Including, of course, the infamous O.J. chase.
This year's NBA Finals between the Cavaliers and Warriors begins on Thursday. But while we can always count on Finals to deliver great individual performances and thrilling games, the NBA's biggest stage has also witnessed a number of strange moments over the years.
From O.J. Simpson to missed free throws, we rounded up five of the most bizarre moments in the last 30 years of the NBA Finals.
NBC's Finals broadcast cuts to the O.J. chase (1994)
June 17, 1994, was such an eventful sports day in American sports that an entire documentary was dedicated to it. The day featured Arnold Palmer's last round of professional golf, the start of the 1994 World Cup and a New York Rangers' Stanley Cup parade.
But what was to come that night led to one of the strangest moments in NBA Finals history.
While Game 5 between the Houston Rockets and the New York Knicks was taking place at Madison Square Garden, Hall of Fame running back O.J. Simpson led police on his infamous white Ford Bronco chase. Earlier that day, Simpson was named the prime suspect of a double murder.
NBC, which broadcasted the Finals that year, simultaneously covered the chase and the game.
The Knicks, led by Patrick Ewing's 25 points and 12 rebounds, won Game 5 by a score of 91-84, but they ended up losing the series.
Missed free throws doom the Magic (1995)
Every NBA Finals has its fair share of crucial missed free throws, from the Jazz in 1997 to the Spurs in 2013. But Nick Anderson's free throw struggles in Game 1 of the 1995 Finals stand in a different class.
Only needing one free throw to essentially ice Game 1 for Orlando against the Rockets, Anderson clanked four straight all in the same possession.
It was Anderson who grabbed the offensive rebound following his first missed pair of free throws.
Following the misses, Houston's Kenny Smith nailed his seventh three-pointer to tie the game and send it to overtime.
The Rockets won 120-118 in overtime and ended up sweeping the Magic.
The Mavs' poorly-timed timeout (2006)
Like missed free throws, questionable coaching decisions are not an anomaly on the biggest stage. But an unwise timeout during Game 5 of the 2006 NBA Finals proved costly to the Dallas Mavericks against the Miami Heat.
With the series was tied 2-2, the Heat had the ball in the final seconds of Game 5, down just one point. Dwayne Wade was fouled—a controversial call—and had a chance to give Miami a one-point lead with 1.9 seconds left.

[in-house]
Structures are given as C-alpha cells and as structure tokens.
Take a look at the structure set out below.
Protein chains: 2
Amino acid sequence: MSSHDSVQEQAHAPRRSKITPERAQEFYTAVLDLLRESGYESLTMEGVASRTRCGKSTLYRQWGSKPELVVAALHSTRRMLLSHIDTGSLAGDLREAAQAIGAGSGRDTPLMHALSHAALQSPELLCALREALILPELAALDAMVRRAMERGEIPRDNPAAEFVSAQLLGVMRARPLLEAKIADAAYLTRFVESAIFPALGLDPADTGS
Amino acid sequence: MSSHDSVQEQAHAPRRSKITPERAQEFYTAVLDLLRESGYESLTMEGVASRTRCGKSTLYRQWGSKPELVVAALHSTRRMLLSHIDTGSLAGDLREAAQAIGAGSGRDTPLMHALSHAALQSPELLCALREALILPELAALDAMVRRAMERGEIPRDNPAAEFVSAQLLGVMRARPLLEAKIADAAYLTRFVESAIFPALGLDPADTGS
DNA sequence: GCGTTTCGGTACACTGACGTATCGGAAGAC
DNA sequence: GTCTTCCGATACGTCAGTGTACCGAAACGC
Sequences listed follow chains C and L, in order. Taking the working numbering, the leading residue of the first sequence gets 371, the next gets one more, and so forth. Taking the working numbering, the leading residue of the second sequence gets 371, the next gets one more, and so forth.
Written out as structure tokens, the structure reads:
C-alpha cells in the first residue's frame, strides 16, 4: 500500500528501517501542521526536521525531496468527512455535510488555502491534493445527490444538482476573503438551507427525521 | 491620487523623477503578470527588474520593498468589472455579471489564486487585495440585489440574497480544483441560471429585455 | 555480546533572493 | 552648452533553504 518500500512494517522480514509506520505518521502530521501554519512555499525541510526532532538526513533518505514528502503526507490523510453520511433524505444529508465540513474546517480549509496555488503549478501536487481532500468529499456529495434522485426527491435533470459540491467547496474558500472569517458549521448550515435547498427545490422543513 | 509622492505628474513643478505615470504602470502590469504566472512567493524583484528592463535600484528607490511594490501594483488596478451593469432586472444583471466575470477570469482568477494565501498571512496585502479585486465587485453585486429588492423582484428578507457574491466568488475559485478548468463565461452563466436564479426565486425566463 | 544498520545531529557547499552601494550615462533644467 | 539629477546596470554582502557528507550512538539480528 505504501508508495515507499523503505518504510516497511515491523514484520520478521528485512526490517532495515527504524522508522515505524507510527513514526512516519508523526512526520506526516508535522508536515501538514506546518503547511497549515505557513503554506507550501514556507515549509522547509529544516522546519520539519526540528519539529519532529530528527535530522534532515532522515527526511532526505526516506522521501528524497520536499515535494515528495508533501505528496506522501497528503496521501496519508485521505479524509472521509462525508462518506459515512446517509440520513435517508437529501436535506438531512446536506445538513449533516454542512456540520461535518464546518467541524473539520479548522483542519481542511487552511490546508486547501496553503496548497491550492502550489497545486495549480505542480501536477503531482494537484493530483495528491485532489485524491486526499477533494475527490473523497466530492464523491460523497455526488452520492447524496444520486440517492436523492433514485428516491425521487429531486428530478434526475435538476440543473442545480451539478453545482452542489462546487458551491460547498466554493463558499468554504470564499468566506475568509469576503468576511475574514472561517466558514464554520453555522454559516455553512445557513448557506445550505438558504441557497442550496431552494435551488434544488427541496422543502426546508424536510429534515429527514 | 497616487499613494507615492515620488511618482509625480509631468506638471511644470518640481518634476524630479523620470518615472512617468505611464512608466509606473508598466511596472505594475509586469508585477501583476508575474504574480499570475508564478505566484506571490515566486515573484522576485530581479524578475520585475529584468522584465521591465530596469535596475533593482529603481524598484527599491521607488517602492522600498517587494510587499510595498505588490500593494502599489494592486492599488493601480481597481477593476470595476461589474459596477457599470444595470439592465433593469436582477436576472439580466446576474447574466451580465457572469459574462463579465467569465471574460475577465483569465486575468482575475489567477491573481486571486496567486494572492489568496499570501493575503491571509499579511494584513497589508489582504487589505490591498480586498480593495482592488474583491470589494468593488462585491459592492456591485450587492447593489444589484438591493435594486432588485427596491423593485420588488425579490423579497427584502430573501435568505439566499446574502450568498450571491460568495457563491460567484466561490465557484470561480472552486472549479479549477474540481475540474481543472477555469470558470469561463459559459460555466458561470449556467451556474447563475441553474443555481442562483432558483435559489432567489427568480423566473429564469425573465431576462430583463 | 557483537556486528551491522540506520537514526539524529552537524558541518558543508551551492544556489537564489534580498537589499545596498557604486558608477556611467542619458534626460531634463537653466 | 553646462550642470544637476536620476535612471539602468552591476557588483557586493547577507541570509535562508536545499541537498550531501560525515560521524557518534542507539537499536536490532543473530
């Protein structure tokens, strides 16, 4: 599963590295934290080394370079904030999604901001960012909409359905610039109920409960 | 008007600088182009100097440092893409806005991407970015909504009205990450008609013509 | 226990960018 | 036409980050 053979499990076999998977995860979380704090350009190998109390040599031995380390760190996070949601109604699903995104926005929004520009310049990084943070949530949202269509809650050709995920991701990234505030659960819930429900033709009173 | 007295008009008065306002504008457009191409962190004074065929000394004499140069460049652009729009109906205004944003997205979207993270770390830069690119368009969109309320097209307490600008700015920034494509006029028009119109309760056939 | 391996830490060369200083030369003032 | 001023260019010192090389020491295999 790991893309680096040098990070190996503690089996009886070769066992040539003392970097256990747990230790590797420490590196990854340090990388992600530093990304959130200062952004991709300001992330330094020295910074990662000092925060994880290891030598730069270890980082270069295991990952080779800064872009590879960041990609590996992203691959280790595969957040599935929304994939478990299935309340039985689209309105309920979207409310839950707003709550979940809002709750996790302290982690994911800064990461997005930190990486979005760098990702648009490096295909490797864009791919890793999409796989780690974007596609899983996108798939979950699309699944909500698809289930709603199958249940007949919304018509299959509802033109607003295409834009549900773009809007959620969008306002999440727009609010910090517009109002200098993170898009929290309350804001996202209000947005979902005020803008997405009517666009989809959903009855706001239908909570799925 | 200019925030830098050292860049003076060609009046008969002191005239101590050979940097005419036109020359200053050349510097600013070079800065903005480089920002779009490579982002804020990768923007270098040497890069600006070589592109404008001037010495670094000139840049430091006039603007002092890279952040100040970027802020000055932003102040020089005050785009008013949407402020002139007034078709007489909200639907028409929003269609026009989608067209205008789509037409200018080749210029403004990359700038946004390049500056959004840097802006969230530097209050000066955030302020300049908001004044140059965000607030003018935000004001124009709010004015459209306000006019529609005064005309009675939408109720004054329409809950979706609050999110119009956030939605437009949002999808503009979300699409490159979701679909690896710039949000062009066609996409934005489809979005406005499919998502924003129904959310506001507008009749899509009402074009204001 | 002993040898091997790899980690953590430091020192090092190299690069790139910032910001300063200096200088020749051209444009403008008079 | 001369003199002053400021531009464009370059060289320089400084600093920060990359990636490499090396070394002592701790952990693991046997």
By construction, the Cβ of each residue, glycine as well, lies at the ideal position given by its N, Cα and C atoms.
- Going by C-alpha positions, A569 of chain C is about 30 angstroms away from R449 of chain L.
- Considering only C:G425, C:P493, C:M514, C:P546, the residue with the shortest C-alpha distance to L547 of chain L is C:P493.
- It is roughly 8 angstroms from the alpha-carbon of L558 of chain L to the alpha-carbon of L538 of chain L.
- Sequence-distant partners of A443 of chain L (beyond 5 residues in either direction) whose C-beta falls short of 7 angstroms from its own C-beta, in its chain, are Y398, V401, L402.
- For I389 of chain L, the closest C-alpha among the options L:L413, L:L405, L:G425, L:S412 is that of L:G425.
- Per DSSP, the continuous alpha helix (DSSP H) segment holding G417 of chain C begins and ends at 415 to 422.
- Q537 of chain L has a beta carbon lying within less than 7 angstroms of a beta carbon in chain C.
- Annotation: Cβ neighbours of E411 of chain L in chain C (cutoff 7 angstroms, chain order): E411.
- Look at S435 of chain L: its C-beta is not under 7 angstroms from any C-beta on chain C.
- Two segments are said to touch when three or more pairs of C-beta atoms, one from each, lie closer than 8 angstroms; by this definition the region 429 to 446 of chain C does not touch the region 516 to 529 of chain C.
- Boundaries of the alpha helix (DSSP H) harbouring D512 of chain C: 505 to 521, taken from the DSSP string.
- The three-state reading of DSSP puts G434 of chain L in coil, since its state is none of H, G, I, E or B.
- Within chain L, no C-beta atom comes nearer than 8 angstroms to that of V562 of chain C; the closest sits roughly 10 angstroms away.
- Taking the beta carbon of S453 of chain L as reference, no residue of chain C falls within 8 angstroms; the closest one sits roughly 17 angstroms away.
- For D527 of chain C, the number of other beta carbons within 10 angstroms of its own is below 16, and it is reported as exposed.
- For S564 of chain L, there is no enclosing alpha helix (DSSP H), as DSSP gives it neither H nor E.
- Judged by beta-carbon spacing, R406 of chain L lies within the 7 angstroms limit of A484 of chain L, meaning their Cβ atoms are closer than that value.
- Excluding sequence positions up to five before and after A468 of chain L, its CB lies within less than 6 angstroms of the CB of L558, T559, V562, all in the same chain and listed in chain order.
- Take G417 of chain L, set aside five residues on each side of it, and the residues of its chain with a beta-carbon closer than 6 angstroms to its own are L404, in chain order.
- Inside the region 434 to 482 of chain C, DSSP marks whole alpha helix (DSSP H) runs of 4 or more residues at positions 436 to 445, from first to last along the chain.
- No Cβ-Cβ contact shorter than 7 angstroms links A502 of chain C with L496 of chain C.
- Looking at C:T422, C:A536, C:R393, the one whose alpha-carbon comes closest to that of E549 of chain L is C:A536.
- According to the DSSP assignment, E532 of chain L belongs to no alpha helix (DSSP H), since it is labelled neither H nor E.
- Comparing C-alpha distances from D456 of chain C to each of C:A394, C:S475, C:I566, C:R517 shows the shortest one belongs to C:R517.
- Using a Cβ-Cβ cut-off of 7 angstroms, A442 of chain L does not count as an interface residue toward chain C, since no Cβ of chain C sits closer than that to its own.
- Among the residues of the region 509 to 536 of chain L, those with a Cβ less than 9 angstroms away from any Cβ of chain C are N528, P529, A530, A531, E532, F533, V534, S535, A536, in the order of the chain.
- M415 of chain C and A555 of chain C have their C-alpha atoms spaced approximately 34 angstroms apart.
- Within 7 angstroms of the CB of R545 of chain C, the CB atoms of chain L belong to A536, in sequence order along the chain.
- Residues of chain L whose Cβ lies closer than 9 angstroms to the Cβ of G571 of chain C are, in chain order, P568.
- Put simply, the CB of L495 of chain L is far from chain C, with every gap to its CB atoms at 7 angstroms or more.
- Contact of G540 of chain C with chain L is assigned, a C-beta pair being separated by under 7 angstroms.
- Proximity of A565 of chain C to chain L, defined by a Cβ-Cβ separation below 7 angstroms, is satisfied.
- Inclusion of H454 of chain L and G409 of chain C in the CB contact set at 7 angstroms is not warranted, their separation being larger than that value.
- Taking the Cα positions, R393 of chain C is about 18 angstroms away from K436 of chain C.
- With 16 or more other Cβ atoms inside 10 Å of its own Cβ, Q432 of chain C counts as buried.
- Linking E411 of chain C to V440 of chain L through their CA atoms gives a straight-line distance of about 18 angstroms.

After Wade sunk the first free throw to tie the game, both Avery Johnson and forward Josh Howard seemed to signal for a timeout.
Howard later said he didn't actually call timeout, and that he was just signaling to his coach. But officials charged Dallas with a timeout, the Mavericks' last one of the game. As a result, they had to inbound the ball from the back court and try a half-court shot, which failed.
Dallas lost the game 101-100 and ended up losing the series to Miami.
Paul Pierce's miraculous injury recovery (2008)
Willis Reed walking through the tunnel and playing in Game 7 of the 1970 Finals has become one of the greatest moments in NBA history. On the contrary, Paul Pierce's injury saga in Game 1 of the 2008 NBA Finals is generally considered more odd than heroic.
With the Lakers leading the Celtics 62-58 in Game 1, Paul Pierce went to the floor in pain. Replays showed that Pierce's right leg making hard contact with Kendrick Perkins as he went up to block a shot.
Pierce was on the floor writhing in pain for some time before the Celtics forward was awkwardly carried off the court by his teammates with 6:49 left in the third quarter.
Pierce was soon spotted in a wheelchair. It appeared the injury was severe and that the All-Star forward was going to miss the rest of series.
But just a few minutes after sustaining the injury, Pierce skipped his way through the tunnel and back onto the court with 5:33 remaining in the third quarter.
Boston defeated the Lakers in Game 1 and proceeded to win the series in six games. Paul Pierce was named Finals MVP.
Security prepares for the Spurs to celebrate (2013)
The Miami Heat appeared to be imploding during Game 6 of the 2013 NBA Finals. In the waning moments of regulation, the Heat went from being up three to down five in just over a minute. The 8-0 Spurs run was aided by two costly LeBron James turnovers.
With fewer than 30 seconds remaining and the Spurs up by five, it seemed as if San Antonio was well on its way to winning the title. Even security personnel began preparing for the celebration. Donning yellow polo shirts and carrying yellow security tape, they outlined the court after the Spurs grabbed a five-point lead.
Commentator Jeff Van Gundy took issue with security personnel positioning themselves so close to the floor.
"I don't like these security people being so close to Duncan as he's trying to inbound," Van Gundy said. "What do you think people are going to rush the floor if you're San Antonio fans in Miami? Get 'em off the floor."
There would be no Spurs championship celebration that night.
The Heat won in overtime after Ray Allen hit a game-tying three-pointer with five seconds remaining. The Heat won the series in seven games.